Last June, a police officer in the Shasta County city of Anderson pulled over a pickup truck driven by Jim David Travis, a 72-year-old convicted felon who was on searchable probation.
By the time Officer Michael Hallagan finished searching, police seized a loaded .22-caliber Ruger pistol from his truck, a loaded Colt AR-15 rifle from under his bed and a loaded Mauser handgun tucked between a mattress and box spring at his home, court records say.
Normally, Travis’ case would have gone to court in Redding with prosecution by the Shasta County District Attorney’s Office.
Instead, Travis has been charged in federal court in Sacramento as being a felon in possession of a firearm and made an initial appearance Tuesday afternoon, then was sent to be held at the Sacramento County Jail pending the outcome of his case.
“In the old days, he would have been prosecuted by the district attorney,” U.S. Attorney McGregor Scott said Wednesday at a news conference in Sacramento highlighting federal efforts to cut down on gun and violent crimes in the region.
1,600 firearms seized through federal efforts
This year alone, Scott said, 1,600 firearms have been seized in numerous cases in the Eastern District of California, which stretches from the Oregon state line to south of Bakersfield.
The seizures come as part of the Justice Department’s Project Safe Neighborhoods effort, in which local communities’ law enforcement officers are supplemented with federal resources in a bid to reduce violent crime.
Scott and other federal law enforcement leaders credit the effort with increasing federal indictments for firearms-related offenses by 31 percent in the last two years compared to the previous decade.
The efforts, which are focused on seven counties – Sacramento, San Joaquin, Shasta, Fresno, Kern, Solano and Stanislaus – have helped federal and local agents charge hundreds of gang members throughout the region, bust up the Hells Angels Motorcycle Club in Modesto and target felons carrying numerous firearms, officials say.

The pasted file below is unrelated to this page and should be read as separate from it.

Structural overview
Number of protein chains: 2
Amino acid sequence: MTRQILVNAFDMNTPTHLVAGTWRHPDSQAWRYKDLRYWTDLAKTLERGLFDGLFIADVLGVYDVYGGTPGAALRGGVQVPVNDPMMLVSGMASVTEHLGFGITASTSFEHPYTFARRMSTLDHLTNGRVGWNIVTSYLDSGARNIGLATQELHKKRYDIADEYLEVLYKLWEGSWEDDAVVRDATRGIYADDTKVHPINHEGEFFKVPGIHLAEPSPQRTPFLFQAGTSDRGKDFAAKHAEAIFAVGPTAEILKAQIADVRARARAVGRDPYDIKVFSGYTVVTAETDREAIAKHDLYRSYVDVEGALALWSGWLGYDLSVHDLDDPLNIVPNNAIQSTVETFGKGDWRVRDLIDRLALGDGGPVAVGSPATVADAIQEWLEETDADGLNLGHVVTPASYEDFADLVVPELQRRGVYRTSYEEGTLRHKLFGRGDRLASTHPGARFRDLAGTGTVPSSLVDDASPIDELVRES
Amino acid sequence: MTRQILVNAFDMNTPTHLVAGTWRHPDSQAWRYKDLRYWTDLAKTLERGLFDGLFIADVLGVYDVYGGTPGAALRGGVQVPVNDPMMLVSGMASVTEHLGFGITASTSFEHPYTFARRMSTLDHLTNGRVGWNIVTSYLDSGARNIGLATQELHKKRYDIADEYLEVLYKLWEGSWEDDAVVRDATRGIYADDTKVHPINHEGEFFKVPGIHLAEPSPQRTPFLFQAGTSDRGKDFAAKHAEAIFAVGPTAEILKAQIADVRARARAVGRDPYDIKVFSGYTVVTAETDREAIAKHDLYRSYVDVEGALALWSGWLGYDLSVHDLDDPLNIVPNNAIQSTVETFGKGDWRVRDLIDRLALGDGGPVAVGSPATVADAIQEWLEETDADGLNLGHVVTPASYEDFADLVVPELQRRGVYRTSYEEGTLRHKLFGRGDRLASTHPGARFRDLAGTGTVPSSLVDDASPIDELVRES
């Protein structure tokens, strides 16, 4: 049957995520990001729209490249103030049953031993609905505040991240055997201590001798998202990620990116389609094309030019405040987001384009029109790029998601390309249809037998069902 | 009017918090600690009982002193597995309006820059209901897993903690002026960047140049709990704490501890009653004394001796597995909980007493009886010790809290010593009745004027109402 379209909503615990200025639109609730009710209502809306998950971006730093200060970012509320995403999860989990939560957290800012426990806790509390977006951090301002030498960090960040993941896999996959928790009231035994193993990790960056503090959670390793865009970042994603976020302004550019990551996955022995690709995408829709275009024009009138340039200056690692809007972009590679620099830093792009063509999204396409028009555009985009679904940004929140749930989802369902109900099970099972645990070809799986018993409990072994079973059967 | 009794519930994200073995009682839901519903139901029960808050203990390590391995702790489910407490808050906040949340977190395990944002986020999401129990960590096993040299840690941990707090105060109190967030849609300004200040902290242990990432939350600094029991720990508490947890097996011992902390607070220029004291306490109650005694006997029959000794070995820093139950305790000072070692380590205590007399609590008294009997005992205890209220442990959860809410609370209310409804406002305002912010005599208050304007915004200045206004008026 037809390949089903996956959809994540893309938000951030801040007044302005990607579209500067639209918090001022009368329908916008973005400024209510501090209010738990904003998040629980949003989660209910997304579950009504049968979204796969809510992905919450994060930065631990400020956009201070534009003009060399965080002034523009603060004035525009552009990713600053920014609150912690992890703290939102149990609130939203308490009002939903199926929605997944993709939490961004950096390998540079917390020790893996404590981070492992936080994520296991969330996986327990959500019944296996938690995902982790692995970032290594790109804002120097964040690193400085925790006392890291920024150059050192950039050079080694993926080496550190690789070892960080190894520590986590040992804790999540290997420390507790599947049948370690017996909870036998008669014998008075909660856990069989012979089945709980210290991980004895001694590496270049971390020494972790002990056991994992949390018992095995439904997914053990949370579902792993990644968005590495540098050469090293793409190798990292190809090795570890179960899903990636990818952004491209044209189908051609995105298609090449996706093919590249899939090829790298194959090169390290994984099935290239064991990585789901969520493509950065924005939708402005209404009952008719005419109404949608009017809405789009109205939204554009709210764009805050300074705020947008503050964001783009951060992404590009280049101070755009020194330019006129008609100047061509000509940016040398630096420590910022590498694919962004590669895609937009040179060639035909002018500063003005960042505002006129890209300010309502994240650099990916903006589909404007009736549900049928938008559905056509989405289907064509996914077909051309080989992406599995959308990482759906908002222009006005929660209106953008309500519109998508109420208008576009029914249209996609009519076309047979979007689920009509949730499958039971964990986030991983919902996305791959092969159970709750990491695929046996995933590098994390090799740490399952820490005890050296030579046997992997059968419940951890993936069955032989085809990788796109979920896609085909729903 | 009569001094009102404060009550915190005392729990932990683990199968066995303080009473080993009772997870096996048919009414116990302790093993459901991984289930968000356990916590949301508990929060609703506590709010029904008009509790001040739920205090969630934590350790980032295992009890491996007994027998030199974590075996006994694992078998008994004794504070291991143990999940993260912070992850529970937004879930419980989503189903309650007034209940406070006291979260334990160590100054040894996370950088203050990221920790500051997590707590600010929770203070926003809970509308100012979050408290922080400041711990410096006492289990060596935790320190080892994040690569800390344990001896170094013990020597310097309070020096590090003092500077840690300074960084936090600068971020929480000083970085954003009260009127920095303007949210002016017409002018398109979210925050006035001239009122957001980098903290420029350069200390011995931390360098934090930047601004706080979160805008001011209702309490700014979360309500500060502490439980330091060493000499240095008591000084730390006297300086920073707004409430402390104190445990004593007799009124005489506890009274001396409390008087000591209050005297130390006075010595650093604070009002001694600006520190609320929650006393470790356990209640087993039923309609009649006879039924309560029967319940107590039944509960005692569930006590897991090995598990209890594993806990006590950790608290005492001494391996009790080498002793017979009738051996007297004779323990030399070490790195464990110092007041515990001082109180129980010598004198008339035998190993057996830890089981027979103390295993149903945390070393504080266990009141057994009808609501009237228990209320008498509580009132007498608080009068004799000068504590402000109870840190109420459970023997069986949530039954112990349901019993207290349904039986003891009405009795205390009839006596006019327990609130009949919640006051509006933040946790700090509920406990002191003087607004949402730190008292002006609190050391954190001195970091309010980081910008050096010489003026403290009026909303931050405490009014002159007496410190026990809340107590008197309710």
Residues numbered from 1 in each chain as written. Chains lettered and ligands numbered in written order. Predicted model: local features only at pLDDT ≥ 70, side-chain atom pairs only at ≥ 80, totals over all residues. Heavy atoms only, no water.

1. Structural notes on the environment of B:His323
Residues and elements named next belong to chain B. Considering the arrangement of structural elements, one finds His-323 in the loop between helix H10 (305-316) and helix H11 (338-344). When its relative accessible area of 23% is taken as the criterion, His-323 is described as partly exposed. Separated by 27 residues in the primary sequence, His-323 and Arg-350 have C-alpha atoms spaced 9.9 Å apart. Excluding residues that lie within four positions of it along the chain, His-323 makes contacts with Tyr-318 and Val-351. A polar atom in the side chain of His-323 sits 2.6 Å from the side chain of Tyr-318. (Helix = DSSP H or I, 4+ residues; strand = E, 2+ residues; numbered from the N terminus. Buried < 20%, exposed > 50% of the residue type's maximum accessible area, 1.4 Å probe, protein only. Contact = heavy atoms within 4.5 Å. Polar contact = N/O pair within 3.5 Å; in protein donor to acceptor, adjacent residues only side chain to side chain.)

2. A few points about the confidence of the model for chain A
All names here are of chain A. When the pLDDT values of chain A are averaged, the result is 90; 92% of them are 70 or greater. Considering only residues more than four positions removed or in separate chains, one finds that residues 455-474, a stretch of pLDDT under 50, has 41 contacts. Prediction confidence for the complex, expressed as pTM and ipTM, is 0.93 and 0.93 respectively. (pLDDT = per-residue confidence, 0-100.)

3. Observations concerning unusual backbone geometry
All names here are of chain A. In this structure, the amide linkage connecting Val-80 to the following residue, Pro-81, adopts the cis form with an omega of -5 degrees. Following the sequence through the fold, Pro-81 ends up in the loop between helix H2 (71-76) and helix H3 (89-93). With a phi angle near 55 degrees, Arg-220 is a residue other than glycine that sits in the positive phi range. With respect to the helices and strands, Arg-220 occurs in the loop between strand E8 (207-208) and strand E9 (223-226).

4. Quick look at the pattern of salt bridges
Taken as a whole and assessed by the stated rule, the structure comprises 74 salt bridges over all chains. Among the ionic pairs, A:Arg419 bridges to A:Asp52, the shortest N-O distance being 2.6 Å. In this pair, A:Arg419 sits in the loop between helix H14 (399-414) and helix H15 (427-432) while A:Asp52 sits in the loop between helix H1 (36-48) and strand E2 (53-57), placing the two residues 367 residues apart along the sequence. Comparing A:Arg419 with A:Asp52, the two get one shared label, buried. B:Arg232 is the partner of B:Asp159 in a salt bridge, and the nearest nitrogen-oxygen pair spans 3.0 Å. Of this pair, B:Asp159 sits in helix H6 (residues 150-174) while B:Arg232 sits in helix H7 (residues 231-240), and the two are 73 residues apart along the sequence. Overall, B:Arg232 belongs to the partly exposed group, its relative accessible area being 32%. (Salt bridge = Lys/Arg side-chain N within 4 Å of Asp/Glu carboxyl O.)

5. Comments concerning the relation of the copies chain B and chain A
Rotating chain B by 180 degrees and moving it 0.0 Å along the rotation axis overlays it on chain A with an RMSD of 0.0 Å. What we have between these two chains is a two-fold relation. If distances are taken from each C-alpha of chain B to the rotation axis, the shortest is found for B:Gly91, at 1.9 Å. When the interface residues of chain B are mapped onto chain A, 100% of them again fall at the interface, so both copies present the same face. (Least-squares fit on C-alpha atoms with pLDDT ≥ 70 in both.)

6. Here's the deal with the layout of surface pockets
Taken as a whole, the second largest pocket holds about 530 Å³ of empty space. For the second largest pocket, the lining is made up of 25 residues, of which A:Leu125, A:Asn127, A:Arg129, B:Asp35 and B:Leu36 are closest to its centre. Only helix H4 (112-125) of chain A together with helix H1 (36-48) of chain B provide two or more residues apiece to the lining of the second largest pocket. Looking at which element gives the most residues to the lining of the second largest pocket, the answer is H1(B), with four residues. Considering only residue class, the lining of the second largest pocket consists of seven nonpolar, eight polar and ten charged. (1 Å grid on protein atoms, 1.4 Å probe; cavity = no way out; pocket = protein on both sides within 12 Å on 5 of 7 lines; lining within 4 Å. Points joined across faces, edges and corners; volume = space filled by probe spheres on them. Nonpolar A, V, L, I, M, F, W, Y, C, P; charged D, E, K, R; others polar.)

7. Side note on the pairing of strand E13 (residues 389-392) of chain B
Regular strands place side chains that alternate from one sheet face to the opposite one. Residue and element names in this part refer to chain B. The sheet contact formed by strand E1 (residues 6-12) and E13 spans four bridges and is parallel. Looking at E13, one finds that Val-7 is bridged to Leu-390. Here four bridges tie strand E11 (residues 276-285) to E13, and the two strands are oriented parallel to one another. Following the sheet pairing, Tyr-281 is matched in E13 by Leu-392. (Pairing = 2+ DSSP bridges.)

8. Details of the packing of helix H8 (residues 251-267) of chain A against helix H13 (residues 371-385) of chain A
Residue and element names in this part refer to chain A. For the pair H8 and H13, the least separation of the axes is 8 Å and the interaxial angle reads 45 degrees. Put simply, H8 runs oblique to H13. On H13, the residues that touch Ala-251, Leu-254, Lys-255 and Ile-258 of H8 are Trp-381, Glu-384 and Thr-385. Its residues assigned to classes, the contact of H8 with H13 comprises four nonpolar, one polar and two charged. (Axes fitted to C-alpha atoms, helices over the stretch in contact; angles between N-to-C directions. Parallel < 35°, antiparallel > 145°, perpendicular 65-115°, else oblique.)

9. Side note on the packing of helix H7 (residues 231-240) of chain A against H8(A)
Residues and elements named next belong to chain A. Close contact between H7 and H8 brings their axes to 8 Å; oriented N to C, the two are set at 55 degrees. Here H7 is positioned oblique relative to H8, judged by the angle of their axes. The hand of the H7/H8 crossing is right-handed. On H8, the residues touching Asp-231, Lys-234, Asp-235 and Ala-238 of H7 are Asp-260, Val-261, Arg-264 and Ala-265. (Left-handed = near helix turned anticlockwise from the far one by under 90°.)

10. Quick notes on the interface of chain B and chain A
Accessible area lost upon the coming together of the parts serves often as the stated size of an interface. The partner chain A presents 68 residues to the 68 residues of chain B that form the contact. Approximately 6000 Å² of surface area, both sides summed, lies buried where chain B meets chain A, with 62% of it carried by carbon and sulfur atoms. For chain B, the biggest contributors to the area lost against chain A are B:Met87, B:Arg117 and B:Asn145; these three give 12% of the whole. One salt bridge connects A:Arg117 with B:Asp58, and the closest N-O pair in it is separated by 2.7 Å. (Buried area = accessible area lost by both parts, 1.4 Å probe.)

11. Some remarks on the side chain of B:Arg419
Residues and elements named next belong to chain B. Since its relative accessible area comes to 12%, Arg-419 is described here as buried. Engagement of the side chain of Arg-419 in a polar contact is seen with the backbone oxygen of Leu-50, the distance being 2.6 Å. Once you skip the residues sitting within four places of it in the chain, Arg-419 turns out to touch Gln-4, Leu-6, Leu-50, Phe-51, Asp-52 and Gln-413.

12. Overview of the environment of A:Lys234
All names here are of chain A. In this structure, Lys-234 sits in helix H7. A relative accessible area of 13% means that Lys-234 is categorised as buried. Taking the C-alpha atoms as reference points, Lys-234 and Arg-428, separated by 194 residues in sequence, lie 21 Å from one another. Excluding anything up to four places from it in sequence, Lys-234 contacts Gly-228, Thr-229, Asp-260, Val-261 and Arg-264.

One case involved Sonny Herrera, a felon with eight prior convictions who was arrested in February for being a felon in possession of a firearm and was sentenced a month ago to 51 months in federal prison.
Undocumented immigrant held by feds after fatal DUI
Another targeted Ismael Huazo-Jardinez, a Mexican citizen in the country illegally who was accused of killing a 10-year-old boy and his parents in Sutter County last May after driving drunk and crashing his SUV into their mobile home.
Huazo-Jardinez made bail on the state charges filed in the case, and authorities say they believe he was planning to flee to Mexico before federal agents arrested him and charged him with being an alien in possession of a firearm. That case is pending.
“He stays here so he will, in fact, face his day of judgment for killing three people,” Scott said.
Stockton Police Chief Eric Jones credited the efforts with significantly cutting violent crime in his city last summer after 100 federal agents from around the country came to town to target gang members after three different gang wars began.
“It was extreme violence that erupted all at once,” Jones said.
But teams of agents were able to arrest 101 suspected gang members and seize 20 firearms in weeks, said Chief Deputy U.S. Marshal Lasha Boyden.
California ‘awash in guns’
Scott, who previously served as U.S. attorney in Sacramento under President George W. Bush, said the numbers of gun prosecutions have increased dramatically since then.
“It’s off the charts,” he said. “The numbers are infinitely higher.
“California has the most stringent gun laws in the country, but this state is awash in guns.”
One of the greatest concerns is the increasing number of privately made weapons that do not carry serial numbers and are sold illegally, said Jennifer Cicolani, the assistant agent in charge of the San Francisco division of the U.S. Bureau of Alcohol, Tobacco, Firearms and Explosives.
Several weapons seized by agents were on display at Scott’s offices in downtown Sacramento, along with an auto-sear, a stamp-sized piece of metal that can be inserted into a Glock handgun to essentially turn it into a fully automatic machine gun, ATF Special Agent Brian Hester said.
The devices, which people order by mail from manufacturers in China for as little as $18, are considered a “status symbol” among gang members, he said.
“We are seeing these everywhere in the state of California,” Scott added.